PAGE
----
'The Food Dude' talks about balancing freshman 15 and budget
Sept. 29, 2011 at 4:29 a.m.
ABOUT THE FOOD DUDE
Kevin Roberts studied health, nutrition and kinesiology in college, and is the author of two best-selling cookbooks, "Munchies" and "Kissing in the Kitchen."
He was a top-10 finalist on "The Next Food Network Star" and hosts the TLC's "BBQ PitMasters."
He's the national spokesperson for Frank's Red Hot Sauce, for which he has created some recipes.
Roberts passed out bottles of hot sauce throughout the presentation and ended with a hot sauce drinking competition.
For more information and recipes, go to Roberts' website, munchiestv.com
2011-12 LYCEUM LECTURE SERIES
Oct. 20: Terry Alford, scholar and expert on Lincoln's assassination; 7 p.m., VC Johnson Symposium
Nov. 17: Michael Durant, master pilot and inspiration for the movie, "Black Hawk Down"; 7 p.m. VISD Fine Arts Center
Jan. 31: Rebecca Kiessling, attorney and advocate for women's issues; noon, VISD Fine Arts Center
April 5: Temple Grandin, animal behavior expert and autism self-advocate; 7 p.m. VISD Fine Arts Center
"You're doing shots!" Kevin "The Food Dude" Roberts yelled in the dining room of the Victoria College Student Center.
While ears perked, Roberts, the first speaker in this year's Lyceum Lecture Series, poured a few rounds of what he called Mother Nature's protein: soy milk.
Roberts, a chef, author and host of the TLC's "BBQ Pitmasters," brought to VC his "cook or starve" mentality. Particularly pertinent to the college crowd, Roberts focused on how to balance the dreaded "freshman 15" with a skimpy checkbook.
He began with breakfast, demonstrating a quick breakfast bagel sandwich with cream cheese, turkey and tomato.
To bypass some of the carbohydrates, Roberts said he cores the inside of the bagel, removing the bulk of the carbs.
"Any coffee freaks in the house? Who likes the speed? Who likes the shake?" he asked to a room buzzing with activity.
While VC staff passed out samples to the crowd of more than 300, Roberts explained how the lightest roasts of coffee contain the most caffeine, compared to, say, a shot of espresso. The best coffee, he said, actually comes from McDonald's, which uses Paul Newman organic coffee.
The mention of fast food segued into French fries, which is one of the five foods Roberts implored the crowd to avoid.
Most fries, he said, are filler. To satisfy the fry craving, Roberts demonstrated how to cook a potato in the microwave.
Pulling out his knife and poking the spud, he explained, "First you have to shank it. Martha Stewart taught me this in prison."
Before the laughter died down, Roberts continued to reveal the other foods to avoid.
After fries and cheap burgers was "crappy cheese."
"Has anyone seen an orange cow running around?" he asked.
The best cheeses are the unprocessed ones, like blue and parmesan, he said.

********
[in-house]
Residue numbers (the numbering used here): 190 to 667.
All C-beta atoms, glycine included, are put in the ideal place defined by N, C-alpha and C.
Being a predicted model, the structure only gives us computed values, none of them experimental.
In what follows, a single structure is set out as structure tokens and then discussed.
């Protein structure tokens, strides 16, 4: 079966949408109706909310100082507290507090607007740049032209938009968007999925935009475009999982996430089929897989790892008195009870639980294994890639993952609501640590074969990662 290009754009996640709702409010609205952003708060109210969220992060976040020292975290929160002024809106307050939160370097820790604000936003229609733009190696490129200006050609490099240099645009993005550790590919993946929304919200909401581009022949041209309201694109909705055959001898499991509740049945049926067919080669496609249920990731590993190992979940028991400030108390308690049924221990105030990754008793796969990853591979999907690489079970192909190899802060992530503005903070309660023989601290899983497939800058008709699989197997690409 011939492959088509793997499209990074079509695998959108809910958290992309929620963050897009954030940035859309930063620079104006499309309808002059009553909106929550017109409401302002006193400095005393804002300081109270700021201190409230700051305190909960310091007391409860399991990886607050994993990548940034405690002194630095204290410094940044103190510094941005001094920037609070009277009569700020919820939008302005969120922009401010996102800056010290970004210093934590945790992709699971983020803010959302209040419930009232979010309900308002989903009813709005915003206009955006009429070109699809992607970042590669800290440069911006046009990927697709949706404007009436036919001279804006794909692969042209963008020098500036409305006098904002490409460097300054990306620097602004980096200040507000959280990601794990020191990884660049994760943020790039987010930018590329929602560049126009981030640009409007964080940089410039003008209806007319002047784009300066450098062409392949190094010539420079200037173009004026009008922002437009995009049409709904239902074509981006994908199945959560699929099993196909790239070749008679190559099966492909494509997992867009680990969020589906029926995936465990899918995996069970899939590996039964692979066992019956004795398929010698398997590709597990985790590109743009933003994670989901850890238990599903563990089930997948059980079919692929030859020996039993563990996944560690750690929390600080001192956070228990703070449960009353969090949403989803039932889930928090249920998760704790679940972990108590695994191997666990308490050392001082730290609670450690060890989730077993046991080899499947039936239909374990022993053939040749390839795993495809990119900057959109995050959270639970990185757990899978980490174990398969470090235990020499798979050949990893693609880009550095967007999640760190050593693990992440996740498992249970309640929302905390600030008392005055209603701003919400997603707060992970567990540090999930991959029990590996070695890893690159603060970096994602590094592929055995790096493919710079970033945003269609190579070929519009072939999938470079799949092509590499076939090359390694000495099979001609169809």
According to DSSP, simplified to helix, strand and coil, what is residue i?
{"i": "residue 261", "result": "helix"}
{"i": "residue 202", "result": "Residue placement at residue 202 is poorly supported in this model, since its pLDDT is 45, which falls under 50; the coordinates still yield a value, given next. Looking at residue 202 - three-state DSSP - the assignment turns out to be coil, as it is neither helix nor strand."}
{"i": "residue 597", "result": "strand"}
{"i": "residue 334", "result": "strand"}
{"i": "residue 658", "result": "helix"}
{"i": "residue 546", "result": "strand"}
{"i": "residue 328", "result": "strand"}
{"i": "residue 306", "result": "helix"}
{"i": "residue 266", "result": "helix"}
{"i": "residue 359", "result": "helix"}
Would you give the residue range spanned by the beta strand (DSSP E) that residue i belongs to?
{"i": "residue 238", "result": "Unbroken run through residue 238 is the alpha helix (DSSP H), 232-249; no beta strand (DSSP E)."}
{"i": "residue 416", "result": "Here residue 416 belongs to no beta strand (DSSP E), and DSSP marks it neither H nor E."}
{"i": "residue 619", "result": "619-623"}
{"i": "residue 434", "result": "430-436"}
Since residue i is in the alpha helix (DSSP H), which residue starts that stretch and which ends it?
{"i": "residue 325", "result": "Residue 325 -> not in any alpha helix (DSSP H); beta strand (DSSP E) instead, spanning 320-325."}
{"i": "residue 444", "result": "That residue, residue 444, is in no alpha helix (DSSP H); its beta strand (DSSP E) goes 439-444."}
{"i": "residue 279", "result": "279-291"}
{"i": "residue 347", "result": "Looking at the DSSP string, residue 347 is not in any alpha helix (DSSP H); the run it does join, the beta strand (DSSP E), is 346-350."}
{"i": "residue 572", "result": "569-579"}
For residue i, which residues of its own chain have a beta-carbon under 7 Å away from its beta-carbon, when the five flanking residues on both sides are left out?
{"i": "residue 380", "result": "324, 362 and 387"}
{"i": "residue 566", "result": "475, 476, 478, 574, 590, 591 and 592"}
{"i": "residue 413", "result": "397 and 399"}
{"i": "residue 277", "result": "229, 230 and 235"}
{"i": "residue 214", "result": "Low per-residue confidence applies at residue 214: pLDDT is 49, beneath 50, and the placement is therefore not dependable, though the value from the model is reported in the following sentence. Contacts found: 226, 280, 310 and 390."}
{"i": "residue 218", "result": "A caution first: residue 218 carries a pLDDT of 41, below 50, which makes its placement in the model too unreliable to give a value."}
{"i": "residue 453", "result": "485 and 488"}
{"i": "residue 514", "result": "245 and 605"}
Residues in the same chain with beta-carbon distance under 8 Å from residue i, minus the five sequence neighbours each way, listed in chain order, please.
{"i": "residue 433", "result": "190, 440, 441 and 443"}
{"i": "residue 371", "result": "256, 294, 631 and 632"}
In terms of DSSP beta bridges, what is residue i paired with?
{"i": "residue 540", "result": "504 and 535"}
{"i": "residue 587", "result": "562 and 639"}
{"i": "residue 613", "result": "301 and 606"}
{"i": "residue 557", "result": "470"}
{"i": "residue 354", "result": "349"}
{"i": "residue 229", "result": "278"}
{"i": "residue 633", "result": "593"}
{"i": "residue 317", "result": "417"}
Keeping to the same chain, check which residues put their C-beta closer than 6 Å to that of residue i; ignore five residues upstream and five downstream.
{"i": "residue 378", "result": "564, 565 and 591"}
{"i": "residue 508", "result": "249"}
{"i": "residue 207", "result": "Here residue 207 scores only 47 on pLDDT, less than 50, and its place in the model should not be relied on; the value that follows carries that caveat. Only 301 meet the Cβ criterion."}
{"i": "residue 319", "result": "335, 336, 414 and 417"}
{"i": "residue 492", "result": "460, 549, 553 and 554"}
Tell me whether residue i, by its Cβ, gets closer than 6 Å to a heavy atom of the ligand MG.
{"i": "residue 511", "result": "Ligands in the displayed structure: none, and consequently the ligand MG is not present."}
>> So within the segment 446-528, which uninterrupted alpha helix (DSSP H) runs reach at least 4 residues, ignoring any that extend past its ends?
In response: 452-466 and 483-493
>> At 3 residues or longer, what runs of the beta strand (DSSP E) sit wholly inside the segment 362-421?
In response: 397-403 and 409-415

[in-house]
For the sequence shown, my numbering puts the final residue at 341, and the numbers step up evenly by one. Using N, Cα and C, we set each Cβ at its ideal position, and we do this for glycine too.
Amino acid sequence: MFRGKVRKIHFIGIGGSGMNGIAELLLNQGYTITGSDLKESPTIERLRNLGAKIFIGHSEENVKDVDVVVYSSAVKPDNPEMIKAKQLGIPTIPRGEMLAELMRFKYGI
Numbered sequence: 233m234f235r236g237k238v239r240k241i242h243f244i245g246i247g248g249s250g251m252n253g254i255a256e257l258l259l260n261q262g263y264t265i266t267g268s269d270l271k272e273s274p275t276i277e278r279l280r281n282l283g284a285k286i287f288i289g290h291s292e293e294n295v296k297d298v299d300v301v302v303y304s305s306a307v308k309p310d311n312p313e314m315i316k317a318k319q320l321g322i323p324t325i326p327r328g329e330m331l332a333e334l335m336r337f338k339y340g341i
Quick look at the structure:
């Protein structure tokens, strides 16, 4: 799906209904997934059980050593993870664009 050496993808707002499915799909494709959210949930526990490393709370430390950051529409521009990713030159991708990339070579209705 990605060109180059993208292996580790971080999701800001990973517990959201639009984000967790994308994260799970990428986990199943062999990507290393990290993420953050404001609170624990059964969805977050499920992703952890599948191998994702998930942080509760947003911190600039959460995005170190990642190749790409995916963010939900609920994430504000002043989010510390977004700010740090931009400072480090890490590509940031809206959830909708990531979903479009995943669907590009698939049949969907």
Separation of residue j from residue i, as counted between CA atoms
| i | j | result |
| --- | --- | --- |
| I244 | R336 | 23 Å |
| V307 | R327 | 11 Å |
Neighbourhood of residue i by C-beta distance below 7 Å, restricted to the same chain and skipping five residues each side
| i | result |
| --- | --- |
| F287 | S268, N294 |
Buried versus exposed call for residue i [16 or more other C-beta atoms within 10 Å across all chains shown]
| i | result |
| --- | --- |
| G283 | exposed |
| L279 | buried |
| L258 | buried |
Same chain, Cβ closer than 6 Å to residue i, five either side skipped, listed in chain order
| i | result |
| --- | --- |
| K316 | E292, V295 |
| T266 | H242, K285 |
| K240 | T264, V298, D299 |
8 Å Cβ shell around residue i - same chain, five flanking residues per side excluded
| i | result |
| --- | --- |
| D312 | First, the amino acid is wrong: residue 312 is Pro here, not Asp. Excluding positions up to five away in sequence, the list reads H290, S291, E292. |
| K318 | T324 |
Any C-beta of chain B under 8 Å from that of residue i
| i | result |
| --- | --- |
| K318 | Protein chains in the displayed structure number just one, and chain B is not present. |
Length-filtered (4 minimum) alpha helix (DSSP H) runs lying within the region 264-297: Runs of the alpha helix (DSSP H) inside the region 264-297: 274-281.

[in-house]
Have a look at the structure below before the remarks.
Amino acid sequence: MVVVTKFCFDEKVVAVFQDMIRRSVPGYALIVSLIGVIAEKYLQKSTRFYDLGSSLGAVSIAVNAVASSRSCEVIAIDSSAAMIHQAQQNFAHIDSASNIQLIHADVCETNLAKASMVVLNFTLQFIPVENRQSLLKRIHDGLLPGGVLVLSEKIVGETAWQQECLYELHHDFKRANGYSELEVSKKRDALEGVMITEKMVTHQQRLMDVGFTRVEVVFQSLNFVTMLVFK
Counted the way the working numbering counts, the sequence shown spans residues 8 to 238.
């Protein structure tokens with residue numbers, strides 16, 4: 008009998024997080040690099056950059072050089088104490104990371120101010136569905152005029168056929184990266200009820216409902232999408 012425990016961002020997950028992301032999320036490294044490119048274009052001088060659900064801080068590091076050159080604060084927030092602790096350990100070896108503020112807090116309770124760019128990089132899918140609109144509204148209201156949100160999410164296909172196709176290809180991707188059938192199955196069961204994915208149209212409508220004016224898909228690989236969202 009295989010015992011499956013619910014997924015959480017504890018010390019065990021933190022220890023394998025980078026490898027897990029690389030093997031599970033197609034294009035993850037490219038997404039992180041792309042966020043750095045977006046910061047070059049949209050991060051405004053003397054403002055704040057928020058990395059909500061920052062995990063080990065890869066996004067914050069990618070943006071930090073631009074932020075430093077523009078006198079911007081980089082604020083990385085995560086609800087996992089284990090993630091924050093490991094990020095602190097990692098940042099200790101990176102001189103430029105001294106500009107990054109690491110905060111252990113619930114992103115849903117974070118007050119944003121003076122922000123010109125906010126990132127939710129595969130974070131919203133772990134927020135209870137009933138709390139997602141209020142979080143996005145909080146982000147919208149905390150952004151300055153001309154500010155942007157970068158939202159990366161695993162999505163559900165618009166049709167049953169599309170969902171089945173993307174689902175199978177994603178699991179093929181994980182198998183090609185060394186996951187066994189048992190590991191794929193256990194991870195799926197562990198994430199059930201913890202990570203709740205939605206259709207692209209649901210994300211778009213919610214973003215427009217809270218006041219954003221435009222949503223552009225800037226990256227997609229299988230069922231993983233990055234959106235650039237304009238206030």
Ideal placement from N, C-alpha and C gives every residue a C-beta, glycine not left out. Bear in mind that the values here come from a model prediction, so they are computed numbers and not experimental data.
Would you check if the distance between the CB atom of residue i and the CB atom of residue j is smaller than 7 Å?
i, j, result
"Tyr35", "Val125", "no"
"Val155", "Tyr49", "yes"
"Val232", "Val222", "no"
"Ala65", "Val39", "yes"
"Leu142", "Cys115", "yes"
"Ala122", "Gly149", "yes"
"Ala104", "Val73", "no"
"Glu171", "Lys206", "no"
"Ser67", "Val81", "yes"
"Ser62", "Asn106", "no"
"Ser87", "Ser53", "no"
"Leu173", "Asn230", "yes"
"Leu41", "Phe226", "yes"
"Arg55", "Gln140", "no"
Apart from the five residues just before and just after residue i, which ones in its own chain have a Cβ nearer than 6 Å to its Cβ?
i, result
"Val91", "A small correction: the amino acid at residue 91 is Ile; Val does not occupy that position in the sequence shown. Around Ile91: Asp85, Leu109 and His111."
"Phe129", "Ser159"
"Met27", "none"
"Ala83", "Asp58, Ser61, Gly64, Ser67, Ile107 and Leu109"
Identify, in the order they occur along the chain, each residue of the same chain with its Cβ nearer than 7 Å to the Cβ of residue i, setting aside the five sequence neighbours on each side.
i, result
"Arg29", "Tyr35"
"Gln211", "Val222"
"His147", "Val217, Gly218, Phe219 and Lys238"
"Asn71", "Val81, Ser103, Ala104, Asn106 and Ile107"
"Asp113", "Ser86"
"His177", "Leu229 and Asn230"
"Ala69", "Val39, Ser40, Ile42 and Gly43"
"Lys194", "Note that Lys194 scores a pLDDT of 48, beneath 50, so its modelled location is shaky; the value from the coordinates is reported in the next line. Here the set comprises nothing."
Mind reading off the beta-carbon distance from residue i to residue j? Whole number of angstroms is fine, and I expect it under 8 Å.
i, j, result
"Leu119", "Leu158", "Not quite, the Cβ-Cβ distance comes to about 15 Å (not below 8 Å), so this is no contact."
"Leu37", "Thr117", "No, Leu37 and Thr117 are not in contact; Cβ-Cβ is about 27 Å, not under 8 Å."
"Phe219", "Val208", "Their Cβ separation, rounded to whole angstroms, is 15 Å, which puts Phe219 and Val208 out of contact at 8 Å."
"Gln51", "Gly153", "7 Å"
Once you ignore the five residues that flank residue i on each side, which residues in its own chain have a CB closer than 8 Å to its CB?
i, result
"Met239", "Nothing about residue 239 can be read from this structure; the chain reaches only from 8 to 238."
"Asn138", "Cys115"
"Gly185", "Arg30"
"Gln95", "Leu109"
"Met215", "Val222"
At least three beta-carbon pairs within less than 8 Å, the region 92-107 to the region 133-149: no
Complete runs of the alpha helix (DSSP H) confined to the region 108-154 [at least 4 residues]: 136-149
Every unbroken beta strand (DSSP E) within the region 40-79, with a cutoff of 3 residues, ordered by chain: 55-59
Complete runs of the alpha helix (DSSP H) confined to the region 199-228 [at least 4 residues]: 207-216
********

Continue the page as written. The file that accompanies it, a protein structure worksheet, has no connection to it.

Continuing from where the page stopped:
Then there was soda, which earned gasps when Roberts demonstrated the 12 tablespoons of sugar found in each can of soda.
Finally, iodized salt should be replaced with sea salt or kosher salt, he said.
"If you can avoid these five things, you are golden. You can pretty much eat everything else on the planet."
Now that he'd warned what not to eat, Roberts delved into the savory stamps of approval.
Green tea with lemon or lime juice, kiwi, grapefruit, anything with the word "berry" in it and even dark chocolate are good antioxidants, he said.
Apples and pickles are good sources of fiber, which Roberts said is the number one nutrient missing in the American diet.
"Our colons are very angry at us," he said. "Those processed foods become trapped in your colon. Fiber expands the walls of the colon and flushes food down. It's like, 'You're not paying rent, you gotta go.'"
Mustard, hot sauce and vinaigrettes offer big flavor and low calories, while olive oil is "liquid gold."
"You don't need to buy the $30 bottle of olive oil with Rachael Ray's picture on it going, 'sucker,'" he said, giving the thumbs-up. "You can buy the cheap stuff," he contended, holding up a bottle of generic-brand olive oil from H-E-B.
Roberts quizzed the audience with several nutrition and health trivia questions, which failed to stump the crowd filled with at least 60 VC nursing students.
After the presentation, a group of students said the soda and sugar demonstration would probably stick with them most.
"During our breaks, that's the first place we go - the Coke machine," said Brittany Langridge, 25.
"Now we're not," countered Sarah Perez, 21.
Langridge, who said she started a new diet on Monday, would be trying out some of Roberts' recipes, especially one of his grapefruit, honey and cinnamon concoctions she'd tasted.
"I think that was good to hear because you always hear a list of things you can't eat, and he was telling me what I could eat," she said.
Perez, meanwhile, was going a little further in her quest for Roberts' food.
She'd had a trip planned for San Diego, Calif. this weekend, and was surprised to find out during the presentation that Roberts owns a restaurant in downtown San Diego.
"I'll bring y'all back some leftovers," she said.